A quick rundown of the acts I attended:
- Hippo Campus exceeded expectations and was a pleasant surprise early on Friday afternoon, drawing a decent crowd that bounced along to sunny tracks from its debut album,
- Slightly Stoopid put on its standard, crowd-pleasing show, which featured a stellar cover of the Grateful Dead classic “Franklin’s Tower” as a highlight.
- The Roots returned to Okeechobee for their second year in a row, performing in a PowWow with other artists, and put on a lively show with Snoop Dogg and Chaka Khan, despite the fact that advertised collaborator Joey Bada$$ was a no-show.
- Many acts that graced the stage at Okeechobee had recently played shows in the South Florida area, and failed to improve upon or bring the same quality of performance that they did to their own headlining shows. These bands included Foster the People, Trombone Shorty & Orleans Avenue, and Thievery Corporation.
- Khalid failed to impress during his much-hyped set on the main stage, though his band’s drummer was a bright spot, adding countless fills to keep things interesting.
- Travis Scott, one of the most popular rappers currently active in music, performed despite having had oral surgery the day before his set, and appeared to spit blood and tear stitches over the course of his frantic, hard-hitting, hour-long set on the main stage.
- Local Natives showed that they’re ready to play festival main stages with a tight and impressive set, even if they drew a relatively meager crowd to the BE stage on Sunday night.
- Lil Dicky, the Philadelphia comedy-rapper who achieved fame on the back of viral successes and clever, lightning-speed verses, seemed to have more fun than any other artist of the weekend, finding time in his hour-long set to crowdsurf to Nirvana’s “Smells Like Teen Spirit” and give a lap dance to a fan from the front row.
- The Flaming Lips provided everything that attendees of their mainstage set could have hoped for, including but not limited to: confetti, a massive inflatable Yoshimi, a giant balloon that spelled out “F— YEAH OKEECHOBEE,” and Wayne Coyne performing from inside his trademark “boy in the bubble” inflatable ball.
- Arcade Fire was predictably self-important, taking the stage decked out in “Everything Now” clothes (did nobody tell them it’s not cool to wear your own merch?) with a massive, smoke-themed light show in tow. In a bright spot, frontman Win Butler spoke out about gun control and the recent shooting in Parkland, FL, and dedicated a rendition of “The Suburbs” to Stoneman Douglas as the screen behind him read “#NEVERAGAIN”
The festival didn’t feel quite as full as it did last year, but perhaps this was simply because of the sets I chose to attend throughout the weekend. Rock, indie and alternative sets were attended noticeably less than many of the electronic acts and DJs that were strewn throughout the schedule. Acts like Big Gigantic and Gramatik, who performed on the NOW stage, drew significantly larger crowds than established bands such as the Flaming Lips, Local Natives, and Arcade Fire did at the BE stage.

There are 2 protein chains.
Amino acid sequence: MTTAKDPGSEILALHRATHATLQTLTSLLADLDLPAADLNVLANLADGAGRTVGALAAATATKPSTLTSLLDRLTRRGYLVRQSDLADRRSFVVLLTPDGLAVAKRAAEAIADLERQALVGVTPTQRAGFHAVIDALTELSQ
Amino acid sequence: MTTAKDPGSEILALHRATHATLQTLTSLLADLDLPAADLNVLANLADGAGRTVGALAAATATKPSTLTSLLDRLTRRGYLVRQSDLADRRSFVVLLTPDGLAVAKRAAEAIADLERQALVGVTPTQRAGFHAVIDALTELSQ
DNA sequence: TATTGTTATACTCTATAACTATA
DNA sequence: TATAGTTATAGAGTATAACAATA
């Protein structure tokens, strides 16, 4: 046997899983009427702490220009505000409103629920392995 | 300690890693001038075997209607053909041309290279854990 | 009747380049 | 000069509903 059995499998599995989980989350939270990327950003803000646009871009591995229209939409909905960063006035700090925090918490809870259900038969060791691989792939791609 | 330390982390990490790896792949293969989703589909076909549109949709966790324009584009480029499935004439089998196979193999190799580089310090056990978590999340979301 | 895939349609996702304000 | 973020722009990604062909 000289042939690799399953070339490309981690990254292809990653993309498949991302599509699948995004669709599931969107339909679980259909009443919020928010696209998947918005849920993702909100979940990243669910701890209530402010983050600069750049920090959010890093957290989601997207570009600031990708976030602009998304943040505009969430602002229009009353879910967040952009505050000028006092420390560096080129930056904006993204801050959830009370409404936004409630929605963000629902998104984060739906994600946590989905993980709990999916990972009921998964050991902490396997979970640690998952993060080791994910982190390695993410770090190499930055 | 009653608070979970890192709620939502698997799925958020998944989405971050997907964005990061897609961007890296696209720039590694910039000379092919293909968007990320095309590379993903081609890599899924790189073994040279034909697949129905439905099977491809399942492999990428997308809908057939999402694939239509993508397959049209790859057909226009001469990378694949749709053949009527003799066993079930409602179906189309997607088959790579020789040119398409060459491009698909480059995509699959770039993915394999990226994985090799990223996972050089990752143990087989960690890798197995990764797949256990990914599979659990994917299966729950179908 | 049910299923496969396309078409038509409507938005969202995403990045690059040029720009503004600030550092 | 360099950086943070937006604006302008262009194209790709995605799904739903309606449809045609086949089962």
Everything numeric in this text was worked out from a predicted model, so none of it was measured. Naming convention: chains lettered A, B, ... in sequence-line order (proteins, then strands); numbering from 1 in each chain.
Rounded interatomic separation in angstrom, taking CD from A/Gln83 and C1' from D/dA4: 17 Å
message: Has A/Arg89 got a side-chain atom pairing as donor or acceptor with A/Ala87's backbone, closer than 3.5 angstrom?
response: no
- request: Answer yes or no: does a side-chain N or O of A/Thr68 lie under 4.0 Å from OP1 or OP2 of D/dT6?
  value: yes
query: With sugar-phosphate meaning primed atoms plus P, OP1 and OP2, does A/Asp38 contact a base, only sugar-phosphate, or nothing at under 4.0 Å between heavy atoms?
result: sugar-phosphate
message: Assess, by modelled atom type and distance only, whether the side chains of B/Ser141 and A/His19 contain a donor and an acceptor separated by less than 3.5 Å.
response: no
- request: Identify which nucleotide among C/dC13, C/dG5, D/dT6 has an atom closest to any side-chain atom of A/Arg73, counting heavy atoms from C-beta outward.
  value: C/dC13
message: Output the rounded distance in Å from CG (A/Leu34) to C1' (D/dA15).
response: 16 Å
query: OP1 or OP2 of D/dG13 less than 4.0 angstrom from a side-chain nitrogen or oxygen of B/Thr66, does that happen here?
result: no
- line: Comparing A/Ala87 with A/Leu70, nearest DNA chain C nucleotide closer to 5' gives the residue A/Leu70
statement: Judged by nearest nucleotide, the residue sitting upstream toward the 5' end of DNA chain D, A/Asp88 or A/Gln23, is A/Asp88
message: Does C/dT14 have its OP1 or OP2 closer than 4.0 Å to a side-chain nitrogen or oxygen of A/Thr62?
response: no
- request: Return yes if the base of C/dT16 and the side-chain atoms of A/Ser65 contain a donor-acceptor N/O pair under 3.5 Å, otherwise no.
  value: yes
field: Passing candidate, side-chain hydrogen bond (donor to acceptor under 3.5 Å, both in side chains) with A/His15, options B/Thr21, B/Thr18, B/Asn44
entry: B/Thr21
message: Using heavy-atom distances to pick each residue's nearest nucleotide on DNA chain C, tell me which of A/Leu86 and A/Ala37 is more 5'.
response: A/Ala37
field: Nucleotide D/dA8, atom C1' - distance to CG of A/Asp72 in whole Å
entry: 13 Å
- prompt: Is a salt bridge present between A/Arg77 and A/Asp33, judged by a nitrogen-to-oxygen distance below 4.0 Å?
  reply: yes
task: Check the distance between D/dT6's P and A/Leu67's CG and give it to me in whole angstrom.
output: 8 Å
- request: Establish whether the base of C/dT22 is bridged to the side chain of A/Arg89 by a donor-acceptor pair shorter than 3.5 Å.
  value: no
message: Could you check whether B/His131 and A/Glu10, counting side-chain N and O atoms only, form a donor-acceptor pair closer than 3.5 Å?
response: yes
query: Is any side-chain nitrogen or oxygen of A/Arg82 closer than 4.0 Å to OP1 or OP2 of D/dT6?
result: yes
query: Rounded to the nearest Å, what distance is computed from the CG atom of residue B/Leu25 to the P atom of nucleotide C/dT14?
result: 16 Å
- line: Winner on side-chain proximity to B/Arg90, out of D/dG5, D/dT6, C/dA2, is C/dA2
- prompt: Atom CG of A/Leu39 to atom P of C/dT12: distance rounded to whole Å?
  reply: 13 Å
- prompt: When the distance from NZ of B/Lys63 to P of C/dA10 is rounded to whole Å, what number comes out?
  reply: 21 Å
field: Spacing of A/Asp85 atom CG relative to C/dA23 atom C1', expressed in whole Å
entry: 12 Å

Arcade Fire’s Sunday night mainstage set, which was intended to be a stirring end to a four-day retreat, was embarrassingly empty. Arriving ten minutes before the set was slated to begin, I easily strolled up to within ten feet of the stage. This could be attributed to the group’s sinking popularity, the fact that they were stacked against Zeds Dead on the NOW stage, or simply because it was late on a Sunday and many attendees left early because they had work the next day. This was one of my biggest takeaways from the weekend: In this market and with a crowd this young, it’s the electronic acts that are selling tickets and drawing the biggest crowds, not rock bands.
Starting a new music festival, especially a camping festival in a quiet, sparsely populated area, is always going to be a difficult endeavor. Does anyone remember Langerado, the short-lived and similarly conceived camping festival at Big Cypress that petered out after a few years of stellar lineups? No? Exactly.
That being said, Okeechobee is a festival that’s just completed its third year, and the concern of wondering whether it will return seems to be unnecessary. After all, they were advertising opportunities to win tickets to OMF19 in exchange for trading in litter at the “Clean Vibes Trading Post.” That oozes confidence that the event’s organizers expect to be profitable and return next year.
Staff and volunteers were (mostly) friendly and helpful, and the vibes among attendees were overwhelmingly positive. Throughout the three full days I was there, I didn’t see a single confrontation among the crowd—an impressive feat for an event that likely hosted more than 30,000 people.
The true test of any camping festival is its potency as an immersive experience, and in this regard Okeechobee should receive high marks. It seems that after many attempts and failures in the past, Florida finally has the festival that it deserves, one that can flourish in its environment and provide a safe, engaging and enjoyable experience.